Passionate Interests

You may have heard of the term ‘special interests’ (however some autistics do not prefer this term), referring to an interest that brings autistic people a lot of joy. Neurotypicals often misinterpret these interests as obsessions, as the amount of repetition and enthusiasm shown for the interest is sometimes larger than what a neurotypical would show. It is important to understand that passionate interests are not negative, and the reason it brings the autistic person so much joy is because this world can be very unaccommodating and scary, whereas a beloved movie, book or hobby can feel like a safe space.

Passionate interests have been known to help an autistic person to grow considerably, for example what started out as a love of books could lead to a book club, new friends and independent outings to bookstores. Having that safety from an interest can help an autistic person feel more comfortable and confident.

The level of enthusiasm shown may be seen as excessive by neurotypicals, however it is in fact perfectly normal. When an autistic person isn’t masking, big emotions such as happiness or joy will come out in big ways, and the autistic person may stim to self-regulate from that big emotion to avoid being overwhelmed. Some autistic people feel too much, and so even positive emotions are amplified and need to be regulated.

A passionate interest can take up a lot of time and space, but it is important that we give autistic people the space to be authentic, even if that means them watching the same movie or playing the same game. The worst thing you could do to an autistic person is to take their source of joy away and expect them to do something else.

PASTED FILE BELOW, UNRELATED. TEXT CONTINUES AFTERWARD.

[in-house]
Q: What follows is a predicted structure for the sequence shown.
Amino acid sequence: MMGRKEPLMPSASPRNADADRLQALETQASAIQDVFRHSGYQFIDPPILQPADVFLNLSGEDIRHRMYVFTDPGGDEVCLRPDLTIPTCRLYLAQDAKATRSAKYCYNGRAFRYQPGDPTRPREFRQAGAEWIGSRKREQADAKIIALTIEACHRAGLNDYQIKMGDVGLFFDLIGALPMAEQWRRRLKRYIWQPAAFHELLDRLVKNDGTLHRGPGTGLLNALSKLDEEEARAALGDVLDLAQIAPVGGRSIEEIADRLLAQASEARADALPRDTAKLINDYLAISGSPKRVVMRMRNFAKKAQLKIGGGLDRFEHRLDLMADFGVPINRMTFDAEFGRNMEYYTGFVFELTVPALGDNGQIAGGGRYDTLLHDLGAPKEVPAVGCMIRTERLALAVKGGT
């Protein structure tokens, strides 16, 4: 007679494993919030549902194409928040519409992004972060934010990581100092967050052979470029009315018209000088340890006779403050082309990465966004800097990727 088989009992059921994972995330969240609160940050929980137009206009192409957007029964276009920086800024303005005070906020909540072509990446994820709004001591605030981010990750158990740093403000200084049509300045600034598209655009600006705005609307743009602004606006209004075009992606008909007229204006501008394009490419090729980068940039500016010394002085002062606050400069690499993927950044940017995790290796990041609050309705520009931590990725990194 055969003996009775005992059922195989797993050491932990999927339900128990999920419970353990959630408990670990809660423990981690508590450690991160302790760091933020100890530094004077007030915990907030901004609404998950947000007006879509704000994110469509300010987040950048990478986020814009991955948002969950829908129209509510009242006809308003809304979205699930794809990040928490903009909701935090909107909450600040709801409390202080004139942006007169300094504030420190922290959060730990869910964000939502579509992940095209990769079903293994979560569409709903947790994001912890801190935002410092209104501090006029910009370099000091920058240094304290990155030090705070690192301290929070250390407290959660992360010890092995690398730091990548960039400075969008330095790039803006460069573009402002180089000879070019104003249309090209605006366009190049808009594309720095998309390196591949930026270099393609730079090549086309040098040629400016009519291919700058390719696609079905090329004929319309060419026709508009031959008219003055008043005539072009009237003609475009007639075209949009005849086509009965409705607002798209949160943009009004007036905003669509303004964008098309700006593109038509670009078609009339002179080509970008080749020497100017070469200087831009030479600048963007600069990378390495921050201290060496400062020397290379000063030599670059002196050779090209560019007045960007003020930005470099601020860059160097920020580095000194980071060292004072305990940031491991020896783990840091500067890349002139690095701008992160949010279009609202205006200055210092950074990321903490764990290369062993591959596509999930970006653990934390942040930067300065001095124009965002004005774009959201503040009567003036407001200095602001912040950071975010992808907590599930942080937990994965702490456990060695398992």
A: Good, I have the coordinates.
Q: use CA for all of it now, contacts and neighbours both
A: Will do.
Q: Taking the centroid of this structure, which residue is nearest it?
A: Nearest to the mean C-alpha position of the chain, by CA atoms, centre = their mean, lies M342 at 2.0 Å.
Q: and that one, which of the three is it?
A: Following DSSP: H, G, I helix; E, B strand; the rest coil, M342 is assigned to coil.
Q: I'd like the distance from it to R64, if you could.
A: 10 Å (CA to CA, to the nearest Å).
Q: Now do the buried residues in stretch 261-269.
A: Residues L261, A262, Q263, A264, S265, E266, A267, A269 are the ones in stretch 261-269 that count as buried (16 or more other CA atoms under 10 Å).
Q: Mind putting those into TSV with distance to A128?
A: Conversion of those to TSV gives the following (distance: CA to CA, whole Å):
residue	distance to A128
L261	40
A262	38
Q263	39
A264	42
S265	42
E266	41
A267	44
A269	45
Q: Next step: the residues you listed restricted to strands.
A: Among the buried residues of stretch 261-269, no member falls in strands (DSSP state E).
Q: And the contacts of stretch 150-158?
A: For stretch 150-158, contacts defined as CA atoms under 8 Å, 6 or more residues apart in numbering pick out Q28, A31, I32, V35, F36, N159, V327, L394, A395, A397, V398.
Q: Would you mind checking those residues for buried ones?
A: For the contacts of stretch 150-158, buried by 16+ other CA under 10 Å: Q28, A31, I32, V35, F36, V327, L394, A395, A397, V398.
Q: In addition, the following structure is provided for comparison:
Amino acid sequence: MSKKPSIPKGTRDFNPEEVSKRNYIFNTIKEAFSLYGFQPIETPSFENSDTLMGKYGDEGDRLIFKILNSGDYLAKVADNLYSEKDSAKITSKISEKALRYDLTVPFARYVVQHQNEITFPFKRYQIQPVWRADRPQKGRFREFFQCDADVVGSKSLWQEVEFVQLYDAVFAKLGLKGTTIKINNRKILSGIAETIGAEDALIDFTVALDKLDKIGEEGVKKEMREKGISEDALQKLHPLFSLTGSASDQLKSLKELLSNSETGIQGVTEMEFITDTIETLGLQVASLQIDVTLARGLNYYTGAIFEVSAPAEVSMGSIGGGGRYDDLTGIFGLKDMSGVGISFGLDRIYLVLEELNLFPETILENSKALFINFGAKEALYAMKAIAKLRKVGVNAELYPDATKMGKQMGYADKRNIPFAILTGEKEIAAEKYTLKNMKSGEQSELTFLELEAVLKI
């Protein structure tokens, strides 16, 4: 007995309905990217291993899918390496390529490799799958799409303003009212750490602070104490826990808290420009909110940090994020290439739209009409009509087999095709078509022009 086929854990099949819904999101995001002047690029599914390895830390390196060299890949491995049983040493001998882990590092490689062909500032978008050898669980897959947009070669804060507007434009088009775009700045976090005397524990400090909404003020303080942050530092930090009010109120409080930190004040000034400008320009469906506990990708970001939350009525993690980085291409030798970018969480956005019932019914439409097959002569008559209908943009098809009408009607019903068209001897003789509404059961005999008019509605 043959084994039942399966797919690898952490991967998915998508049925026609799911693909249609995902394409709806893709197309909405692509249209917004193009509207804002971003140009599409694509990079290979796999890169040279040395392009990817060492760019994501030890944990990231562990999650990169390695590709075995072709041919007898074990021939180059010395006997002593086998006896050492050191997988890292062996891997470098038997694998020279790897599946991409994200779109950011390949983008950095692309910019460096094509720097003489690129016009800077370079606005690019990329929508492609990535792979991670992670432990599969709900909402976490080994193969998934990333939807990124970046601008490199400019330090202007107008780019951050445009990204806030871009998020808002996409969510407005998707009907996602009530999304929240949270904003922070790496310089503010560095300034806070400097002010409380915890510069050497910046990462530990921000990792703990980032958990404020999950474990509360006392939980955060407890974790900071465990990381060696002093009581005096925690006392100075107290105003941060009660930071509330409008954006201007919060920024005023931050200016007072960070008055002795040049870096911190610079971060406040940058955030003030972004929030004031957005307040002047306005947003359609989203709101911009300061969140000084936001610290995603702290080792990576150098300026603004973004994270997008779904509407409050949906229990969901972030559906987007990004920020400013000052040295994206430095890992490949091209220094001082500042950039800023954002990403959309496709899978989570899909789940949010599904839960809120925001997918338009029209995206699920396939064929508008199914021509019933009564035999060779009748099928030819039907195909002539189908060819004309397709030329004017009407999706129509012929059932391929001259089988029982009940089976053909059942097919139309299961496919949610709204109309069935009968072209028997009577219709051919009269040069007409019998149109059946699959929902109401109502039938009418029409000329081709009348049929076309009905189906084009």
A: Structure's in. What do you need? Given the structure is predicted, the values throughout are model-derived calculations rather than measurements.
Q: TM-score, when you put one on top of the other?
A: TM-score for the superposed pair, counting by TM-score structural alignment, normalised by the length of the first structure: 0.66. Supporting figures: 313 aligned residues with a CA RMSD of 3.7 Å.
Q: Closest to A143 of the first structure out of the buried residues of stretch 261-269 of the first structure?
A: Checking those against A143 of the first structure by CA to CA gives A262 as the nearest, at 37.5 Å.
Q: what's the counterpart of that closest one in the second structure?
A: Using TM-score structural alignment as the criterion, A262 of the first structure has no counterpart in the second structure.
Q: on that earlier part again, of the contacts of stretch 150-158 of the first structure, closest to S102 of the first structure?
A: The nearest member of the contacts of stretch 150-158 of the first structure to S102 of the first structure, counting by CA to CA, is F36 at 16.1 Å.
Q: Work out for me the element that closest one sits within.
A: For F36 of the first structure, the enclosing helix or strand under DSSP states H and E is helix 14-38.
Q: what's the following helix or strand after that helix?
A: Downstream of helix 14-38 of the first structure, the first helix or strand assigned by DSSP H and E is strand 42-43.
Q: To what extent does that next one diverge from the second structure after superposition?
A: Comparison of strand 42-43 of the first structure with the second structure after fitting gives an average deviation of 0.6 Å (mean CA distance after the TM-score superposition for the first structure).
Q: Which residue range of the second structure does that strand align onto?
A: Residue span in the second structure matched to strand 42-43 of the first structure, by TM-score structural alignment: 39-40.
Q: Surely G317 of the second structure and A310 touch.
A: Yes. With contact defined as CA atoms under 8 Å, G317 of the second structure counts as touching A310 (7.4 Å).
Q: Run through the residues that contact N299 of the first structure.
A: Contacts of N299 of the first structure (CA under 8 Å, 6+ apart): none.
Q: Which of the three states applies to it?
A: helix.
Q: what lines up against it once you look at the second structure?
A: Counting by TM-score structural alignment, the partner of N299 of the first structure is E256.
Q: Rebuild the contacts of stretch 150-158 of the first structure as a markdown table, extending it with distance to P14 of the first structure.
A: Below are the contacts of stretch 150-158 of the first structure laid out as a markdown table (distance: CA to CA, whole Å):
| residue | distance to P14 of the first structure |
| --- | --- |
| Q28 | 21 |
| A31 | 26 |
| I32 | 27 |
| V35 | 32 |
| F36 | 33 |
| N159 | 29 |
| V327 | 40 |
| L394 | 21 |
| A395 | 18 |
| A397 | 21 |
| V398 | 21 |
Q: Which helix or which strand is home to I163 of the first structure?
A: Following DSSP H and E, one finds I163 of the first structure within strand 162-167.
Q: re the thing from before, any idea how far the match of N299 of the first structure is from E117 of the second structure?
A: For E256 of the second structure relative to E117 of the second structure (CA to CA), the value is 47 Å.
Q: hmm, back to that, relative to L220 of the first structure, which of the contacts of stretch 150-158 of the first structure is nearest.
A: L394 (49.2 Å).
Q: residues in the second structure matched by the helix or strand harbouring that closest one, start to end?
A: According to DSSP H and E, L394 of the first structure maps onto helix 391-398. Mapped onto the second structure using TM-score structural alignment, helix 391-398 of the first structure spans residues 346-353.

Autistic people can use their interests as a source of regulation, such as watching their favourite movie after a hard day or playing a game to feel resourceful and confident. Escapism can help with the demands of reality and take away the pressure for a bit.

Many autistic people have managed to make their interest into a career, such as Temple Grandin and John Robison. By doing this it brings more diversity into the workplace, a different set of skills and a different outlook on a job. What can be just an income source to a neurotypical could mean the world to an autistic person, and they have the enthusiasm to go further with new ideas.

Neurotypical professionals, such as teachers and doctors, have stated autistic children need to be directed away from their interests to make them ‘more sociable’, however I believe this will only make them less confident as you are taking away their source of happiness and instead putting them into an uncomfortable situation. That interest is part of who that child is, and could be who they grow up to be, determining what job they get. To take that away is to hinder their future. The attitude towards passionate interests needs to move away from negative words such as ‘inflexible’ or ‘obsessions’ and focus on the positives, that these interests can build skills and bring happiness.

Later research has outwardly shown how valuable a passionate interest is, not only launching careers but with building self-confidence, helping people cope with emotions, making new friends and having new experiences. By taking away that interest, neurotypicals are preventing what they wanted the autistic person to do in the first place!

Evidence of this can be found from Ron Suskind, who revealed in his 2016 documentary that his son’s passion for Disney movies helped him learn to speak. Whilst the professionals may have wanted his son in speech therapy or other types of therapy, Suskind understood the importance of meeting his child where he is and let him live authentically. If an interest is what motivates a child, then why supress that interest?

By Luce Greenwood, autistic advocate and content writer. @coffeecupsbooks